Duct tape is renowned by many to be the “fix-all” tool to have on hand at any workbench. Its easy-tear and strong adhesive make it an attractive solution to problems ranging from HVAC maintenance to NASA command module filter leaks. And now, duct tape may be making a debut in the operating room, as engineers from MIT have created a type of surgical duct tape, which can help stop bleeding and seal wounds.
Background: Time Before Tape
Many surgeries and operations currently use sutures, or stitches, to help sew up wounds or organ tears. These stitches use a sterile surgical thread and the nimble fingers of a doctor to get the job done. Sutures can either be absorbable, meaning that the body will slowly dissolve them, or nonabsorbable, as they will have to be removed later. The process of suturing can take a long time and lead to follow-up operations if the stitches tear or need to be removed. This can cause extra hassle for both the patient and the doctor, leading many to look for solutions elsewhere.
Analysis: Creating a Surgical Duct Tape
MIT chemical engineers believe they have found a potential solution in the creation of a biodegradable surgical sticky patch. This patch uses an adhesive made from polyacrylic acid, which is also found in the absorbent material of diapers. When the patch gets wet, it becomes sticky and can strongly adhere to an organ or tissue. The researchers originally wanted to make their sticky patch double-sided but found this was not practical for surgical use. According to read author Jingjing Wu: “In practical situations, it’s not common to have to stick two tissues together-organs need to be separate from each other.”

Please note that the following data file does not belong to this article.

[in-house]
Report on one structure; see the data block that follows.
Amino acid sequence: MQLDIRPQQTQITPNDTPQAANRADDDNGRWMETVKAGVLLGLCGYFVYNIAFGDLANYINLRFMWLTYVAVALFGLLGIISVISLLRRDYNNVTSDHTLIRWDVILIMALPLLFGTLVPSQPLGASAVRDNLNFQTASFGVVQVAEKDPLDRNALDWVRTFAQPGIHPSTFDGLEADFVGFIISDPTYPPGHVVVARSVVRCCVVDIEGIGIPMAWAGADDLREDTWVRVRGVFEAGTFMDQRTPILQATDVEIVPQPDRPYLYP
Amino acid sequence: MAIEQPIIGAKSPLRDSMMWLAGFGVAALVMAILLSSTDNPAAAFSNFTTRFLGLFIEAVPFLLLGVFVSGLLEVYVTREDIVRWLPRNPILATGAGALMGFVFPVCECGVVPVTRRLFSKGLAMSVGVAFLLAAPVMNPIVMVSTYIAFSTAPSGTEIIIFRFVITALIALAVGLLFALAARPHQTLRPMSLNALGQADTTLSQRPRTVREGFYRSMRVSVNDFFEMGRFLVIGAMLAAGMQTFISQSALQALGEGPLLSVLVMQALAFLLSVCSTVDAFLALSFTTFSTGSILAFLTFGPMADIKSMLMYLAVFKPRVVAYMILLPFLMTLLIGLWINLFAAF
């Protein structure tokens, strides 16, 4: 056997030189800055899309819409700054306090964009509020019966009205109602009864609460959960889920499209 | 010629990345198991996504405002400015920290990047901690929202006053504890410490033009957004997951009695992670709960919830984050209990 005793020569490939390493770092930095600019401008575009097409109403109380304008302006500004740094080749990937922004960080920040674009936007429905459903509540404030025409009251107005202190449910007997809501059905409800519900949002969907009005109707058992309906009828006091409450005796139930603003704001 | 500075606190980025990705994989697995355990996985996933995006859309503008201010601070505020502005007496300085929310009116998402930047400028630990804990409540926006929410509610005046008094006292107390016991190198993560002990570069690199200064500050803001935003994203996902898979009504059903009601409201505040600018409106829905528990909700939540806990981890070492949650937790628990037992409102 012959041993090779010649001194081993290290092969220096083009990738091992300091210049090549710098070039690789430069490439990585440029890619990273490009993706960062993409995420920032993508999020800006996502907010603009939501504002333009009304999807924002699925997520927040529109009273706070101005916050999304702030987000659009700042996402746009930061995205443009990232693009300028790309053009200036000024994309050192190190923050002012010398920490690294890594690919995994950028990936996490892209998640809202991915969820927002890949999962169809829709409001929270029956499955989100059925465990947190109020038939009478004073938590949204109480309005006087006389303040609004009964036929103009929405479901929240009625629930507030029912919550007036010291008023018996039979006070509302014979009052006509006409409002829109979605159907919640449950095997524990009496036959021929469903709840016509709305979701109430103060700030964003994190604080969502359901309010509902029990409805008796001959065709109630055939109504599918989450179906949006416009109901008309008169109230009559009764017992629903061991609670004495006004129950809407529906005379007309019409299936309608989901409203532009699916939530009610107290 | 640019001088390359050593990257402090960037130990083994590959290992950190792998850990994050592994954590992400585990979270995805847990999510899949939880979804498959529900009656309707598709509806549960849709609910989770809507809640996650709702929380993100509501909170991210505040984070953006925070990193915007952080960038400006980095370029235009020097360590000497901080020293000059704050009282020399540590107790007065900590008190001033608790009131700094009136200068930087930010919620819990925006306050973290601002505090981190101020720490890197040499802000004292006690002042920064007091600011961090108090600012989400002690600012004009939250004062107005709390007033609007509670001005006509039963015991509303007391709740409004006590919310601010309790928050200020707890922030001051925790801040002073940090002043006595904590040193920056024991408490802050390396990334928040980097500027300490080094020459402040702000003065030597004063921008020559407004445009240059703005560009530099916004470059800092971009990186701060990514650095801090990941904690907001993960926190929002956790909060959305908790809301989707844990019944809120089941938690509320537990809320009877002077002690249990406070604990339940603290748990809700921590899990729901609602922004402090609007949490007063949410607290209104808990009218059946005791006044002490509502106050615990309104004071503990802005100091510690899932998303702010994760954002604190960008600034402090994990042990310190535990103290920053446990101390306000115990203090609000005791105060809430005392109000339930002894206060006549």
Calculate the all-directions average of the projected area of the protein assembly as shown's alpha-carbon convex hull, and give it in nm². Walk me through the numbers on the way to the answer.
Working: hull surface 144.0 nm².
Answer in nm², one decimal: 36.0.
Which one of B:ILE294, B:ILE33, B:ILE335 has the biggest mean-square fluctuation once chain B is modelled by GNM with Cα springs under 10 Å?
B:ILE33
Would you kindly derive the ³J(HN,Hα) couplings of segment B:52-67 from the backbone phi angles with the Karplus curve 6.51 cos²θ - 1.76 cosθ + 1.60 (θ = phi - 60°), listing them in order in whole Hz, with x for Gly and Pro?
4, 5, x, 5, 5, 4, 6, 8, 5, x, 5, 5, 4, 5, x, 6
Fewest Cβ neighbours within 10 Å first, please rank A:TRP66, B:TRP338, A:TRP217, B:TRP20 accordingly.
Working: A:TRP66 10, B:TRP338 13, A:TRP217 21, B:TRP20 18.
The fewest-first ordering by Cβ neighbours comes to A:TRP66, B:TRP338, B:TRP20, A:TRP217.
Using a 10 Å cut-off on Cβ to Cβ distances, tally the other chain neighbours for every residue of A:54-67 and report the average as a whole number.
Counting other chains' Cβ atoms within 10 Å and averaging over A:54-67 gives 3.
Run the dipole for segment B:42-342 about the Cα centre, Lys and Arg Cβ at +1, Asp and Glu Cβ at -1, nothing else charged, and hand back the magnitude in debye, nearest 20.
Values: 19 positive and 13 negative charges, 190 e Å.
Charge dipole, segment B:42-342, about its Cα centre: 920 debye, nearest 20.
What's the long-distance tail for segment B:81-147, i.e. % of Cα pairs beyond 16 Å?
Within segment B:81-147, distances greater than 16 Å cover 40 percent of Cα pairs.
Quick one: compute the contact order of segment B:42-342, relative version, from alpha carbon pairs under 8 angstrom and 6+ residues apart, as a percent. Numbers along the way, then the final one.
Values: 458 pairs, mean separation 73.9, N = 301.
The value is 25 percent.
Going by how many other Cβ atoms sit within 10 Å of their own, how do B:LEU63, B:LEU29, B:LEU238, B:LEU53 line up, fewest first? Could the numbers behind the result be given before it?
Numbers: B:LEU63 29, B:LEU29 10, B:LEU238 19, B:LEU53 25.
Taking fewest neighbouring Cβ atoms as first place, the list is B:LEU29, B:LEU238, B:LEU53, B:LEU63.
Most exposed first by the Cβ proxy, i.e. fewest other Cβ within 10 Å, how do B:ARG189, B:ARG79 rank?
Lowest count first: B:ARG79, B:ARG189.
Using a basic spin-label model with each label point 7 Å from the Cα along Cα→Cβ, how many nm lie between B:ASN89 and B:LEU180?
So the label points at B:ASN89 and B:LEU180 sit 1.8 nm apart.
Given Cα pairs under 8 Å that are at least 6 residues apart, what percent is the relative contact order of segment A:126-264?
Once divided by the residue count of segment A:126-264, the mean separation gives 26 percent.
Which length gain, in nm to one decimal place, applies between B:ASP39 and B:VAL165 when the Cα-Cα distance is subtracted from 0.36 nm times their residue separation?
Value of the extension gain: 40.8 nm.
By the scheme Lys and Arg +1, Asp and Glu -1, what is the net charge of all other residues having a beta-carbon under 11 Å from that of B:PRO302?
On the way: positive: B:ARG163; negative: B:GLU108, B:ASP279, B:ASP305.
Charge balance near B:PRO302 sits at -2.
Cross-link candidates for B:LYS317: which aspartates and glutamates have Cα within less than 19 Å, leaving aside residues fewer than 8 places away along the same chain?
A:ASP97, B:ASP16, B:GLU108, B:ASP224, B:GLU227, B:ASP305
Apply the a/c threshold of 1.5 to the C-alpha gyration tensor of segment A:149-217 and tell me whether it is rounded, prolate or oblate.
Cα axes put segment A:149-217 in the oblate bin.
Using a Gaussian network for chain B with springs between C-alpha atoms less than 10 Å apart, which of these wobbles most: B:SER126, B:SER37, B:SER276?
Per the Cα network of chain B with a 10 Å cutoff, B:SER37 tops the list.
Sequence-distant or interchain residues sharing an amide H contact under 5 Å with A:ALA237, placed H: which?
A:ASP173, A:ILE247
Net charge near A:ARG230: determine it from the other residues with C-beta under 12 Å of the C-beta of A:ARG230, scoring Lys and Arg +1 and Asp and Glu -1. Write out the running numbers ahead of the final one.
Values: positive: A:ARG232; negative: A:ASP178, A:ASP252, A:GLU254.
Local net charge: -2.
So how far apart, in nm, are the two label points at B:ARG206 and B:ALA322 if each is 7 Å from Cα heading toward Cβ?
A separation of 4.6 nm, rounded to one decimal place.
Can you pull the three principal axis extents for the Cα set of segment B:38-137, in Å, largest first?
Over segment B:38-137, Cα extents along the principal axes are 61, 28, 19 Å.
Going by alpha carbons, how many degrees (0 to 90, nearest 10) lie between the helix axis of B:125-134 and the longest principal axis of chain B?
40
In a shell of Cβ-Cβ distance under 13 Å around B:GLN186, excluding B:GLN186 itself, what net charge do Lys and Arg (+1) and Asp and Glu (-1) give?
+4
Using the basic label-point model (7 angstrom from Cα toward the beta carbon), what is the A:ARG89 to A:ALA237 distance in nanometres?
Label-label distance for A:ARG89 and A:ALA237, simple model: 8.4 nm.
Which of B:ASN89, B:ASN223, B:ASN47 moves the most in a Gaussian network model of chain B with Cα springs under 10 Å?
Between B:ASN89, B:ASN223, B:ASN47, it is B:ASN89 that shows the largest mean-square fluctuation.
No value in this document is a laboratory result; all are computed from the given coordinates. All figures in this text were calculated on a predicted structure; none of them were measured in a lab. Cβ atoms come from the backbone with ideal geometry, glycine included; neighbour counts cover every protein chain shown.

Instead, the researchers created the surgical duct tape with one side sticky and the other side smooth. They proposed that this new tape could be used to close tears and seal wounds in the intestines or colon. Previous research showed that sutures in this area could cause scarring or tearing, which could lead to an infection. These issues can cause extra stress for both the patient and the doctor. A surgical duct tape could solve these problems, leading to a better recovery process.
To test the effectiveness of their tape, the researchers placed it in a culture of human epithelial cells. The cells continued to grow even with the patch being there, showing that they were biocompatible. When tested on rats, the patch naturally degraded after 12 weeks, showing no toxic effects, and eliminating the need for follow-up surgeries. The team published their findings in the journal Science Translational Medicine.
Outlook: A Faster Recovery Process
With a more natural and efficient sealing tool, surgeries may be faster and lead to a faster recovery process. The implications of this surgical duct tape are quite large for the medical community “There are millions of surgeries worldwide a year to repair gastrointestinal defects, and the leakage rate is up 20% in high-risk patients,” explained corresponding author Xuanhe Zhao. “This tape could solve that problem, and potentially save thousands of lives.”
Kenna Castleberry is a staff writer at the Debrief and the Science Communicator at JILA (a partnership between the University of Colorado Boulder and NIST). She focuses on deep tech, the metaverse, and quantum technology. You can find more of her work at her website: https://kennacastleberry.com/